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TLA Candidates

2021 TLA Elections

The Texas Library Association elects leaders at the beginning of each year. In 2021, members will elect a president-elect, two representatives-at-large, and an ALA Councilor to serve on the Executive Board, and many board positions at the district, division, and round table levels. To participate in TLA’s online election, units are required to have at least one of the positions on the ballot to be contested, and they have to meet TLA’s timeline. Units not participating in the online election will hold their annual elections during their business meetings at conference or make alternative arrangements.

Candidate bios and statements of concern for those running for all offices are found by logging into the Members Only website and clicking on View Candidate Biographies. (On the Secure Membership Area page, “View Candidate Biographies” is at the bottom of the first column on the left, under “Misc. Forms”.)

The 2021 Election will open February 18 and close March 11. Your participation in the election process is critical as these leaders will help set the course for the association for the coming year. To vote, you must be a current TLA member by January 31, 2021.

Meet the Executive Board Candidates

TLA asked Executive Board candidates to share their statement of concern. In addition, the candidates for President-Elect were asked to share a video response to the question “How will your candidacy advance the work of TLA on behalf of Texas libraries?”


Martha (Marty) Rossi

Project Manager, Digital Resources & Library Services, Education Service Center, Region 20


Now is the time to come together as members to strengthen and mold our professional organization and meet challenges in support of all libraries and all those that count on us. Collaboration and partnership, tenets of our profession, empower us as we anticipate and brave potentially difficult times ahead.

As we begin feeling the full force of the many facets of a global pandemic on our patrons, students, users, and ourselves, we must remember that confidence and resiliency are best generated when we design and work in tandem towards common goals. A strong and resilient TLA is critical to crafting a bright and successful future for libraries in Texas. I am committed to do my level best to lead and support you in this effort.

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Mary Woodard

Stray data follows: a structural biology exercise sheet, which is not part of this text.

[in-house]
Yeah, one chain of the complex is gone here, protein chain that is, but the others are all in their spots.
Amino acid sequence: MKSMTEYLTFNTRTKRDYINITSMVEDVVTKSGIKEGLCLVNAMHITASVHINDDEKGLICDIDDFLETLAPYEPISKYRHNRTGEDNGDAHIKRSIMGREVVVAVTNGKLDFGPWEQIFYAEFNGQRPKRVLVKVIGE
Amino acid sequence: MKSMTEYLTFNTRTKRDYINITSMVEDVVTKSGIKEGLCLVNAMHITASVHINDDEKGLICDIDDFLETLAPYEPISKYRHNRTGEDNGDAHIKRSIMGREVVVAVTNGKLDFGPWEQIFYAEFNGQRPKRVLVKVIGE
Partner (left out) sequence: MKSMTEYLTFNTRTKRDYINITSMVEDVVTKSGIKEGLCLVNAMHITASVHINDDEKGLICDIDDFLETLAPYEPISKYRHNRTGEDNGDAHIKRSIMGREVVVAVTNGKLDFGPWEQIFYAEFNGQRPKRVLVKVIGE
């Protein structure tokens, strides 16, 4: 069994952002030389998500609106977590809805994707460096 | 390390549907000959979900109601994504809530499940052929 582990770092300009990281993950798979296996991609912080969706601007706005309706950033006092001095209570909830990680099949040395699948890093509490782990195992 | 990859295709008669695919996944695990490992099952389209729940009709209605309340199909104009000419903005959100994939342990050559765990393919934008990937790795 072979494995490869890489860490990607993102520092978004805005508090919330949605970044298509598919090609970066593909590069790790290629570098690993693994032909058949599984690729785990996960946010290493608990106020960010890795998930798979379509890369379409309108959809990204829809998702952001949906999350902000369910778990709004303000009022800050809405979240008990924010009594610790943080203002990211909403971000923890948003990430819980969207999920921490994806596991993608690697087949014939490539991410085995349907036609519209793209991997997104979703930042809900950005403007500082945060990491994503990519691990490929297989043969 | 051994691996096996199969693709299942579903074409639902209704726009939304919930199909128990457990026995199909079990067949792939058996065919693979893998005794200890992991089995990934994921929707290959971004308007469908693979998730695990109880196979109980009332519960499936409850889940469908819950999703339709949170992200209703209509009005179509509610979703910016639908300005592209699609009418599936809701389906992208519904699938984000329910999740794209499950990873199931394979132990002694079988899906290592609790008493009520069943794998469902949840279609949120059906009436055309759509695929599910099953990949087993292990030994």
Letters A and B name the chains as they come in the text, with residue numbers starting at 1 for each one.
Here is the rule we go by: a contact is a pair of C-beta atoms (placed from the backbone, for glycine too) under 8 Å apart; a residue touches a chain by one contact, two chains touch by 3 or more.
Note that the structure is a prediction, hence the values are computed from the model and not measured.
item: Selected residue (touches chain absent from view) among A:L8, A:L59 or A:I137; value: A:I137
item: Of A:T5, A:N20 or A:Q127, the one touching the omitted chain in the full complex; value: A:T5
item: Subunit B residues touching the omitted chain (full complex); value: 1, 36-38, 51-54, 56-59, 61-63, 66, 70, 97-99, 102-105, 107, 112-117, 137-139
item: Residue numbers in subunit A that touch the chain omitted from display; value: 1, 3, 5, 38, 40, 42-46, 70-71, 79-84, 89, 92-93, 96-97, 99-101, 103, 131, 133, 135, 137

Director of Library Services, Mesquite ISD



This is a time of great uncertainty in our world. Things are changing all around us, and while it can be scary, it can also be exciting as we all figure out new and different ways to get things done. A changing world brings us the opportunity at TLA to re-examine our role, refresh people’s perceptions of libraries, and reinvent the way we do things.

As an institution that is over a century old, some of TLA’s processes and procedures have become cumbersome and outdated. As president-elect, I will work with the president, the Executive Board and our Executive Director to update procedures so that we have an organization that is nimble in responding to the professional learning and advocacy needs of its membership.

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Representative-at-Large (Public)

Kate Horan

Library Director, McAllen Public Library

Texas is a big state with libraries both large and small, but the goals are the same: to provide excellent and equitable services to our communities; to promote equity, diversity, and inclusion in who we are as professionals and what we do; and to form alliances that encourage and support.

This unprecedented pandemic has caused us to pivot as professionals to the virtual world, and to re-imagine and transform ourselves to continue traditional services in new ways while creating whole new vistas of networking and service. My focus will be to inspire public librarians and paraprofessionals to step into confident service leadership, no matter what position they hold.

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Roosevelt Weeks